• Benzoxazolone Carboxamides as Potent Acid Ceramidase Inhibitors: Synthesis and Structure–Activity Relationship (SAR) Studies
    Journal of medicinal chemistry, 2015
    Co-Authors: Anders Bach, Daniela Pizzirani, Natalia Realini, Valentina Vozella, Debora Russo, Ilaria Penna, Laurin Melzig, Rita Scarpelli, Daniele Piomelli
    Abstract:

    Ceramides are lipid-derived intracellular messengers involved in the control of senescence, inflammation, and apoptosis. The cysteine amidase, Acid Ceramidase (AC), hydrolyzes these substances into sphingosine and fatty Acid and, by doing so, regulates their signaling activity. AC inhibitors may be useful in the treatment of pathological conditions, such as cancer, in which ceramide levels are abnormally reduced. Here, we present a systematic SAR investigation of the benzoxazolone carboxamides, a recently described class of AC inhibitors that display high potency and systemic activity in mice. We examined a diverse series of substitutions on both benzoxazolone ring and carboxamide side chain. Several modifications enhanced potency and stability, and one key compound with a balanced activity-stability profile (14) was found to inhibit AC activity in mouse lungs and cerebral cortex after systemic administration. The results expand our arsenal of AC inhibitors, thereby facilitating the use of these compounds as pharmacological tools and their potential development as drug leads.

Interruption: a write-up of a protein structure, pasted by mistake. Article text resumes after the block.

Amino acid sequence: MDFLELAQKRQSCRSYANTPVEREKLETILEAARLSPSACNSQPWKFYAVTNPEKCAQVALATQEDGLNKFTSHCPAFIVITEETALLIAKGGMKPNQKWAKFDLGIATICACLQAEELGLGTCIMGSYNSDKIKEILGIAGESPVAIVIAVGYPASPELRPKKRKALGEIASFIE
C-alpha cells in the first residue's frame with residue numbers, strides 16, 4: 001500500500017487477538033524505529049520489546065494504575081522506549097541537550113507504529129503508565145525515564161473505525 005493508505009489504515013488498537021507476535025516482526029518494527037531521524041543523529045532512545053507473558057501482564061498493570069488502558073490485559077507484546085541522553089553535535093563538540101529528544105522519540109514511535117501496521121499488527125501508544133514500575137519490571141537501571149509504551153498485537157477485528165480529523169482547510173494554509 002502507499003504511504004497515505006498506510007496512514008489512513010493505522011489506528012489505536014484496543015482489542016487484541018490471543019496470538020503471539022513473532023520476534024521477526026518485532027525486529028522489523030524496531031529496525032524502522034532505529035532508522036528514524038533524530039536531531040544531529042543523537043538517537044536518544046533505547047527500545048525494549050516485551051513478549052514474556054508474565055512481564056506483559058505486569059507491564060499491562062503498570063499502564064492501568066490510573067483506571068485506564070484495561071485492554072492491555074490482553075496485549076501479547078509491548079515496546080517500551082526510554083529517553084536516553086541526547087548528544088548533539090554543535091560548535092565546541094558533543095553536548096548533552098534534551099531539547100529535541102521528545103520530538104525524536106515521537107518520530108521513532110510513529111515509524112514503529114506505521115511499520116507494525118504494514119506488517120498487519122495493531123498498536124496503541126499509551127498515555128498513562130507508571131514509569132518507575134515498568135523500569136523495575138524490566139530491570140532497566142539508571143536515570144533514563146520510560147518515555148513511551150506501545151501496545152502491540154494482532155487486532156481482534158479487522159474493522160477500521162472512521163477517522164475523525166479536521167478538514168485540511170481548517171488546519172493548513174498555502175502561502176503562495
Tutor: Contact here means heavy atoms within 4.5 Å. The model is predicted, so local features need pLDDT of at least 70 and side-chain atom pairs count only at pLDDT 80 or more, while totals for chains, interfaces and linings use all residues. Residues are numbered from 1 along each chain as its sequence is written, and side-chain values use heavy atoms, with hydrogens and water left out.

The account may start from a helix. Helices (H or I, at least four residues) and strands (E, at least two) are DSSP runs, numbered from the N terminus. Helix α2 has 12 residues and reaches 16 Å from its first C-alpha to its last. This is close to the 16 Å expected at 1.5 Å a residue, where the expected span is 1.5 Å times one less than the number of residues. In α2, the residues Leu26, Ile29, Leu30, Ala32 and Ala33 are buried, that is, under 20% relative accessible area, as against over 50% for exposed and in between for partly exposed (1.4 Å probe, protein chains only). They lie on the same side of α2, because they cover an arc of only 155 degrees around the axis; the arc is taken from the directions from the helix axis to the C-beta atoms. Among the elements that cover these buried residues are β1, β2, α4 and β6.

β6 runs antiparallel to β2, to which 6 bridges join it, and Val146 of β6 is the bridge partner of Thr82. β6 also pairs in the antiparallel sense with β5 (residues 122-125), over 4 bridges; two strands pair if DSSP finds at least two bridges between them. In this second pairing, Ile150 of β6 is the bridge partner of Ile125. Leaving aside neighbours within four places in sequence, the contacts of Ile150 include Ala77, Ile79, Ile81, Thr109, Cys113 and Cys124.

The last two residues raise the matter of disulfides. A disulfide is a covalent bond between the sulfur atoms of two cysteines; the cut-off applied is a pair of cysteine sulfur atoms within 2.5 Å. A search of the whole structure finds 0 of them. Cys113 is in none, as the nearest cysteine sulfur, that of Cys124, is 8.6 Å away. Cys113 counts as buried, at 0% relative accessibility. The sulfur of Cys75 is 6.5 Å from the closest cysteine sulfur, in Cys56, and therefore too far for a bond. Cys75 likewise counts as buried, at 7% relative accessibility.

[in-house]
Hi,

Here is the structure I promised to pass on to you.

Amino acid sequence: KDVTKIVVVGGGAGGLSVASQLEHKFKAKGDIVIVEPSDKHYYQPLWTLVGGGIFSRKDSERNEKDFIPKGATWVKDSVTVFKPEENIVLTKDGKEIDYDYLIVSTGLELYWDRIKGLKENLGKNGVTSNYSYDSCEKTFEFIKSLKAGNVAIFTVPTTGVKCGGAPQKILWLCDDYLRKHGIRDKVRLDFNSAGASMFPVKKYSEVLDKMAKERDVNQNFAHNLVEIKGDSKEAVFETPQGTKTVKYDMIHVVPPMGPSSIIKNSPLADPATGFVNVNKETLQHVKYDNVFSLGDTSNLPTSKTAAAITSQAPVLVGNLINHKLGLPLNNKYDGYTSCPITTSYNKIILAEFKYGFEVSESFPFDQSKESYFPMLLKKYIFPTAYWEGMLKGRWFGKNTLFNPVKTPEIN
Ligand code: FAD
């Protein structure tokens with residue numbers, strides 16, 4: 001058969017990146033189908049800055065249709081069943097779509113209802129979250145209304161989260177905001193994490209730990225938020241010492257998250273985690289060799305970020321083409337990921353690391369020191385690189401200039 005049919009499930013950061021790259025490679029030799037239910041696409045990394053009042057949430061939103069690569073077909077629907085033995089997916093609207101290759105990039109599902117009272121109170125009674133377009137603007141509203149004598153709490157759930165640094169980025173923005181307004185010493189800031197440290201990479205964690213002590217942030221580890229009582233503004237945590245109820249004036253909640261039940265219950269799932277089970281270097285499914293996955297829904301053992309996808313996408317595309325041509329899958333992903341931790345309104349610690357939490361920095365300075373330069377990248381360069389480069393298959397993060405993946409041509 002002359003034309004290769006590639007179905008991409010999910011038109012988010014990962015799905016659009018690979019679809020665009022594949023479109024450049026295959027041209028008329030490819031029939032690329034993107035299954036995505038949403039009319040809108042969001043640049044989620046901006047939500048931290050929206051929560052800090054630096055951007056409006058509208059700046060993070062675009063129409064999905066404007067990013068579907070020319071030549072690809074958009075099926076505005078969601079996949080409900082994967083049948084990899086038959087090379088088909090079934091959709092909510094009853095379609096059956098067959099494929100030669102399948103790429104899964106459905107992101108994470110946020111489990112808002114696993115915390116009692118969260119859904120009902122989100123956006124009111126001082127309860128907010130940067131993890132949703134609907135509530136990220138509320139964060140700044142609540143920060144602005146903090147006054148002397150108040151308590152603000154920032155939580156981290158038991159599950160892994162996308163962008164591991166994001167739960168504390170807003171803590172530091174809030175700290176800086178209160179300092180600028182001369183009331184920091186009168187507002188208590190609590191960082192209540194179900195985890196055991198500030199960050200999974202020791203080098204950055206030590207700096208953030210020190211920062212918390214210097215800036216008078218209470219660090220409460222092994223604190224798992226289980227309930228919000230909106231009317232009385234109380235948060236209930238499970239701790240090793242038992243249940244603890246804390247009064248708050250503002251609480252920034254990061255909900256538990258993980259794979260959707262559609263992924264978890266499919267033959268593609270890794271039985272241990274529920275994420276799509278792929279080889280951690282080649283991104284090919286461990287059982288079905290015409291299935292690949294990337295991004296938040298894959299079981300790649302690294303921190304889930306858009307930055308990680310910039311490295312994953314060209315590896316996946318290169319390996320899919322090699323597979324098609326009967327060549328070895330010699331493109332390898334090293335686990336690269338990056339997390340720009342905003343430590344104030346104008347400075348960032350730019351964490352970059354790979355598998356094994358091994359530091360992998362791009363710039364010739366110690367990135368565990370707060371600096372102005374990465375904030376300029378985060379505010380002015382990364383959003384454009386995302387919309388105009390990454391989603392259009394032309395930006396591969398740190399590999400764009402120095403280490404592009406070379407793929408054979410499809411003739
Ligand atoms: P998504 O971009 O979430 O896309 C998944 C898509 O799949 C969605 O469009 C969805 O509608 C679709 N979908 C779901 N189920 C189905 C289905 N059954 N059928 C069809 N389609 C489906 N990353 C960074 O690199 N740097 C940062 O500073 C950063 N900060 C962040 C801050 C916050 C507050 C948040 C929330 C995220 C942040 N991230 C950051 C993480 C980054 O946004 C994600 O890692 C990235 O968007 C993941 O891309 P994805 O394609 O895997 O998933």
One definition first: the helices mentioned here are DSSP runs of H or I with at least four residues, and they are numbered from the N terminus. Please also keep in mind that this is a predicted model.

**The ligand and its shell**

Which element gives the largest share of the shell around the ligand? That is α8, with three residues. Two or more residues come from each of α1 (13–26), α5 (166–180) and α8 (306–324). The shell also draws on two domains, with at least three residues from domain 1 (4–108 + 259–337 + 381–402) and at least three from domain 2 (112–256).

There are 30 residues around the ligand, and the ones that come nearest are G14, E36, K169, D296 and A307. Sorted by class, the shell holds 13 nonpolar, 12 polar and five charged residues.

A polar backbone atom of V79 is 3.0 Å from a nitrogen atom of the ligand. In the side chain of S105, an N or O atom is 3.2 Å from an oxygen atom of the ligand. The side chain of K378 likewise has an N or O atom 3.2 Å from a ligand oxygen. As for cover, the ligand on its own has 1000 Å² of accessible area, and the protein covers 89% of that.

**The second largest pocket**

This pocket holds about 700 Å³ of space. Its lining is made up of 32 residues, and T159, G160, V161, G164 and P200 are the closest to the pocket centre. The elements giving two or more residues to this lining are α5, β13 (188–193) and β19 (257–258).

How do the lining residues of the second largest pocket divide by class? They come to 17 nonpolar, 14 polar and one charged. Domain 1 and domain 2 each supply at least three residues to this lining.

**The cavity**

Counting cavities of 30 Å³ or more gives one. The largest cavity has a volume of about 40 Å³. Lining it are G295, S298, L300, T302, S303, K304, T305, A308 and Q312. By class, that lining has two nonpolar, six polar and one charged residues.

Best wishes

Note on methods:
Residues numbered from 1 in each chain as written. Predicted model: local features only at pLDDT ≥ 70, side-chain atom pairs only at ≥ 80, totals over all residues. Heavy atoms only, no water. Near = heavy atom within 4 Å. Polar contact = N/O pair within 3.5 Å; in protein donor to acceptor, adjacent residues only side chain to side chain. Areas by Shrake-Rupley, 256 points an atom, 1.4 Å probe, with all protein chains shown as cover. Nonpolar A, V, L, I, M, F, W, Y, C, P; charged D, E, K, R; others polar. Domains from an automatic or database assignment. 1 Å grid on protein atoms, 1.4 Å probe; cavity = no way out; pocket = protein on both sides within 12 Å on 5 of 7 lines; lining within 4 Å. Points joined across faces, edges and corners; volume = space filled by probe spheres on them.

Natalia Realini – One of the best experts on this subject based on the ideXlab platform.

  • Lead Optimization of Benzoxazolone Carboxamides as Orally Bioavailable and CNS Penetrant Acid Ceramidase Inhibitors.
    Journal of medicinal chemistry, 2020
    Co-Authors: Simona Di Martino, Natalia Realini, Debora Russo, Ilaria Penna, Piero Tardia, Vincenzo Cilibrasi, Samantha Caputo, Marco Mazzonna, Natasha Margaroli, Marco Migliore
    Abstract:

    Sphingolipids (SphLs) are a diverse class of molecules that are regulated by a complex network of enzymatic pathways. A disturbance in these pathways leads to lipid accumulation and initiation of several SphL-related disorders. Acid Ceramidase is one of the key enzymes that regulate the metabolism of ceramides and glycosphingolipids, which are important members of the SphL family. Herein, we describe the lead optimization studies of benzoxazolone carboxamides resulting in piperidine 22m, where we demonstrated target engagement in two animal models of neuropathic lysosomal storage diseases (LSDs), Gaucher’s and Krabbe’s diseases. After daily intraperitoneal administration at 90 mg kg-1, 22m significantly reduced the brain levels of the toxic lipids glucosylsphingosine (GluSph) in 4L;C* mice and galactosylsphingosine (GalSph) in Twitcher mice. We believe that 22m is a lead molecule that can be further developed for the correction of severe neurological LSDs where GluSph or GalSph play a significant role in disease pathpathogenesis.